Saturday, July 26, 2014
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“I don’t care if the lawyers and the courts end up with all of the money.  I just don’t want her to get a penny of it.”  This is the type of statement I’ve heard several times in a dispute over an inheritance.  Usually both parties are gearing up for a fight and neither one wants to compromise. 

I generally don’t handle contested cases and the main reason is that people in these types of cases tend to lose sight of reason.  Some believe that “winning at all costs” is the proper stance to take.  Knowing this, in my estate planning practice I try very hard to anticipate and avoid any possible disputes.  As part of my interview with clients I always listen carefully to their statements regarding their family structure and their plan of distribution.  If the facts involved are such that they tend to lend themselves to disputes (e.g. blended families, unequal distributions to children, disinheritances, gifts to caregivers, etc.), I offer solutions that might avoid a dispute.  If there is a question of whether the client is competent to create an estate plan, I make sure that there are witnesses to testify as to the client’s capacity.  Sometimes this requires a doctor’s declaration.  If circumstances could be interpreted to suggest that someone is being unduly influenced (someone other than the client makes the appointment or pays for the estate plan, or a potential beneficiary wants to be present during my meetings with the client) I am especially careful to probe the client to make sure he or she is acting under his or her own free will.

When I am contacted by someone who desires to challenge an estate plan or has “issues” with the person handling an estate, I always look for ways to avoid a lawsuit.  Sometimes just explaining probate or trust administration procedures will calm someone down.  If there is an issue that they can’t resolve, I often recommend mediation.  Mediation is a relatively informal process whereby a neutral third party can listen to the position of both sides and render an opinion, or in many cases, a judgment.  Mediators are usually retired judges or attorneys who have a great amount of experience in the law and also have the skills to get both sides talking and looking towards a “win-win” solution to the particular dispute.  In all cases mediation is much quicker and less expensive than using the court system to resolve a dispute.  Mediation can be done with or without each side hiring an attorney.  Depending on the issue, I might recommend binding mediation.  In that case both sides have to agree that they will accept the decision of the mediator as the final resolution.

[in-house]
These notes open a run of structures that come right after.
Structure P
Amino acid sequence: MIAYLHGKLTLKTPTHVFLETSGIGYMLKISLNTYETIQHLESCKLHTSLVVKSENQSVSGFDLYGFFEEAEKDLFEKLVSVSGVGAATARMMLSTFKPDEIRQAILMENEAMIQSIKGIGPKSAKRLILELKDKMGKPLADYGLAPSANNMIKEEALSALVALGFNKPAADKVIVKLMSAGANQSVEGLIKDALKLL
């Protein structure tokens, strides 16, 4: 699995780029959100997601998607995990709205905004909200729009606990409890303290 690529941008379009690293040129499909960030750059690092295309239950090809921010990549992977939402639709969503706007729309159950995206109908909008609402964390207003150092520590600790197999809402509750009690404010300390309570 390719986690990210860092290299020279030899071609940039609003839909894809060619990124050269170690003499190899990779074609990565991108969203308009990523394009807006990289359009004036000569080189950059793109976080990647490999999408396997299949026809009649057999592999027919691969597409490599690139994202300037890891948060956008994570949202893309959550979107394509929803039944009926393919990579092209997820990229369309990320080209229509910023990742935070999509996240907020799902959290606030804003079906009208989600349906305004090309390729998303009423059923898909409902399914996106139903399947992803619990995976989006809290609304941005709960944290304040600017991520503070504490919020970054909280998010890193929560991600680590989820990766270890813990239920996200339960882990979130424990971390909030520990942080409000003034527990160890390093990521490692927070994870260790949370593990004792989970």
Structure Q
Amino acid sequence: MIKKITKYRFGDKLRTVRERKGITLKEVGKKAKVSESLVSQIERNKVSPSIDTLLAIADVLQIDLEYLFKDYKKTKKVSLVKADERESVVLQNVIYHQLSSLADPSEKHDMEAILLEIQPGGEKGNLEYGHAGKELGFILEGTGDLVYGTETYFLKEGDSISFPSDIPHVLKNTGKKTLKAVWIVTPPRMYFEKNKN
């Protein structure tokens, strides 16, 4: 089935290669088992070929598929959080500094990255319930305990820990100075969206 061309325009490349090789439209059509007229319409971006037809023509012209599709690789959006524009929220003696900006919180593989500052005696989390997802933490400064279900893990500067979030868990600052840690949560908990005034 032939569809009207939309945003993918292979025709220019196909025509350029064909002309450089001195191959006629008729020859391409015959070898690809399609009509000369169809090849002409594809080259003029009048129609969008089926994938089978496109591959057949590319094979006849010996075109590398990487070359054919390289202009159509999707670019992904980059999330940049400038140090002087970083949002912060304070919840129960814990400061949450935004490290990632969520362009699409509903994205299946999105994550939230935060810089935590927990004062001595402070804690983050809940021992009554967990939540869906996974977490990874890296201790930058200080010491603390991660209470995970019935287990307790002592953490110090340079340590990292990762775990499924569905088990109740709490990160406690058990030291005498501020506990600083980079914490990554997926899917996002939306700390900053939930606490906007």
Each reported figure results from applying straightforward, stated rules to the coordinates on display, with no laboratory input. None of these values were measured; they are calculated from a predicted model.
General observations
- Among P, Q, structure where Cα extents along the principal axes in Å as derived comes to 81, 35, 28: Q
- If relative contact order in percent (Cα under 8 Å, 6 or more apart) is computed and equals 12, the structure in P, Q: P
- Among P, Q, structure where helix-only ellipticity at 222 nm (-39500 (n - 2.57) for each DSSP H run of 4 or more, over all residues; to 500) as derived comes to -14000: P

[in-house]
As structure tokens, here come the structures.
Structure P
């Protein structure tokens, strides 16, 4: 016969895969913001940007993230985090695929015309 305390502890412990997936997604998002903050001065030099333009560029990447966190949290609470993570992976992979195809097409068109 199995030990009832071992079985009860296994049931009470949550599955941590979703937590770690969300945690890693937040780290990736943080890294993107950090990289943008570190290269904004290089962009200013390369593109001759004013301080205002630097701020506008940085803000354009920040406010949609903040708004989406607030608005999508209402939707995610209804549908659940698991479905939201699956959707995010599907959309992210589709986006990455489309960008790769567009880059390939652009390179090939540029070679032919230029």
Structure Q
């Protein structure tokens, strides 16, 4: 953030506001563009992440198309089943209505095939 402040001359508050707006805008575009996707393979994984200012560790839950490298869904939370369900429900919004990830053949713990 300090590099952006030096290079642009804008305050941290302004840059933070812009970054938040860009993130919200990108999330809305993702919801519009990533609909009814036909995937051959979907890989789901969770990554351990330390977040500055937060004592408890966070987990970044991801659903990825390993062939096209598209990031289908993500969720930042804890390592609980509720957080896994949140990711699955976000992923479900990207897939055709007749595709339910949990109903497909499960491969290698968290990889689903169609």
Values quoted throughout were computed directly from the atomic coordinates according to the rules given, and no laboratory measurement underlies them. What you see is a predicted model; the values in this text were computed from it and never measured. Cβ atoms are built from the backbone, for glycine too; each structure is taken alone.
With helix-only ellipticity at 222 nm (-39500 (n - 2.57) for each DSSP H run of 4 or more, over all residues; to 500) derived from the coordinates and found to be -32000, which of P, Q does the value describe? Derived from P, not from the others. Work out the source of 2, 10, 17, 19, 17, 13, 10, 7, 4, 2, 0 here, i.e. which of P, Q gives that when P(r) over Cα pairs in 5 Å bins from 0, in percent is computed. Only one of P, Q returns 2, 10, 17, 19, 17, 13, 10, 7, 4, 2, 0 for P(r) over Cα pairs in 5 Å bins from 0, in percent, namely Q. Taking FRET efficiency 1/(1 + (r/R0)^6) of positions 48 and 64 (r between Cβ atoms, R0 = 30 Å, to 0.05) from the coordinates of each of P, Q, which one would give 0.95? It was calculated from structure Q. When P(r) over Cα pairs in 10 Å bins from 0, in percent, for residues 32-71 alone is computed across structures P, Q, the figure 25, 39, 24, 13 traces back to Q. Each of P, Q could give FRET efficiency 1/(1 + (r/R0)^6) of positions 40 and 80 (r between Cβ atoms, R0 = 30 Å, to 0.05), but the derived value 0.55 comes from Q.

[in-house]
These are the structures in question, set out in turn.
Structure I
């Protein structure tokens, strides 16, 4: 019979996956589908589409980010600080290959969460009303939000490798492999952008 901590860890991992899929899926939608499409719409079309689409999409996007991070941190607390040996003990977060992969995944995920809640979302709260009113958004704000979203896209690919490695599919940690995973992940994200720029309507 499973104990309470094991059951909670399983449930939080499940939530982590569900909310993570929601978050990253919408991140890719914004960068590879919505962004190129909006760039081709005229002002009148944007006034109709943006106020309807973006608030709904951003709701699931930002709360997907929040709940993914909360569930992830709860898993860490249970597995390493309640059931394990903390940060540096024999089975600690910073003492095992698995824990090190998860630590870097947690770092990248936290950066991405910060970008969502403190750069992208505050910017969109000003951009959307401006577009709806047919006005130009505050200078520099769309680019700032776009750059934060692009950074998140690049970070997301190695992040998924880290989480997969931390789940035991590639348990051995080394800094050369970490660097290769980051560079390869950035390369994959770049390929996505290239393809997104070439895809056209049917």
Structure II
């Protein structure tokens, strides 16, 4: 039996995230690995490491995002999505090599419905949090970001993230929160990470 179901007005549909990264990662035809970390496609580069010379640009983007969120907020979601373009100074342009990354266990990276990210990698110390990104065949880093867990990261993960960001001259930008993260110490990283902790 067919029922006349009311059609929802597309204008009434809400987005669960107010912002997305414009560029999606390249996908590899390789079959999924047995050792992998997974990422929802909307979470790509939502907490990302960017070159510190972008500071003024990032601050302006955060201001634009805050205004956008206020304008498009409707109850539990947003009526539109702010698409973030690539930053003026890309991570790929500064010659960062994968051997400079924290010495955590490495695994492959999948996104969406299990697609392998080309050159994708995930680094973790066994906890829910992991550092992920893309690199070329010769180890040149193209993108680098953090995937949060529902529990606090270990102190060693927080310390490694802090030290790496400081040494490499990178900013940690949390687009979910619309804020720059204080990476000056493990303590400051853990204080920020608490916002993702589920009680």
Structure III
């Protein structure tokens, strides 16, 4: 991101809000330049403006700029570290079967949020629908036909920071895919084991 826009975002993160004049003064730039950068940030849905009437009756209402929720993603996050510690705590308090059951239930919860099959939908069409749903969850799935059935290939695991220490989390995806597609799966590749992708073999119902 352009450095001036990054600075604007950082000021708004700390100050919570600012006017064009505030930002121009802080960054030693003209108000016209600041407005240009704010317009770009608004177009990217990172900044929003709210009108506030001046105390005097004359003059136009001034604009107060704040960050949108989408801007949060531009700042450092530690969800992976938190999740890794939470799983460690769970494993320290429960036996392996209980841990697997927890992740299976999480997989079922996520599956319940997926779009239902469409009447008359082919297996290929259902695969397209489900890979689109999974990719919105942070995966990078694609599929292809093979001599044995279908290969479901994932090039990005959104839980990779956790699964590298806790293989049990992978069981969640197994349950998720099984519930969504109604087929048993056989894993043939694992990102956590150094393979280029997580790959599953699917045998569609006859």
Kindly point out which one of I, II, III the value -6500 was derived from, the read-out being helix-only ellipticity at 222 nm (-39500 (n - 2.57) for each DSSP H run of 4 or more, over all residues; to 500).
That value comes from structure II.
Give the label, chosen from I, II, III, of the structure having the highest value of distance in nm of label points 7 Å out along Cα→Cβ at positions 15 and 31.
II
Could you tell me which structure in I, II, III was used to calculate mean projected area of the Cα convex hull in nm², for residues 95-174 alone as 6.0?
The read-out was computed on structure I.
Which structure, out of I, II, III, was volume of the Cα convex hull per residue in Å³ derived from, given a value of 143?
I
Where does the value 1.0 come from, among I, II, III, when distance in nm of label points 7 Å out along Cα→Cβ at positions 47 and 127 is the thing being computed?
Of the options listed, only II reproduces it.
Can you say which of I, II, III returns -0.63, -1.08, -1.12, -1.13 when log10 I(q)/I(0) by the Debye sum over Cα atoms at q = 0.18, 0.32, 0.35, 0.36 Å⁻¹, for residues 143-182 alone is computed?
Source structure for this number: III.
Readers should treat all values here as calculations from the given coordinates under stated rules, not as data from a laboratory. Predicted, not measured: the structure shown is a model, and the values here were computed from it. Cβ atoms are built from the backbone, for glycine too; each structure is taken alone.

If there is a good faith dispute that must be resolved, hopefully one or both of the parties involved will be a peacemaker guided by reason.  If so, a voluntary mediation is the best route in terms of reducing the stress, money and time involved.  © 2013 by Marlene S. Cooper.  All rights reserved.  (Marlene S. Cooper, a graduate of UCLA, has been an attorney for over 30 years.  Her practice is focused entirely on estate planning, estate administration and probate.  You may obtain further information at www.marlenecooperlaw.com, by e-mail at This email address is being protected from spambots. You need JavaScript enabled to view it. , by phone at (626) 791-7530 or toll free at (866) 702-7600.  The information in this article is of a general nature and not intended as legal advice.  Seek the advice of an attorney before acting or relying upon any information in this article).

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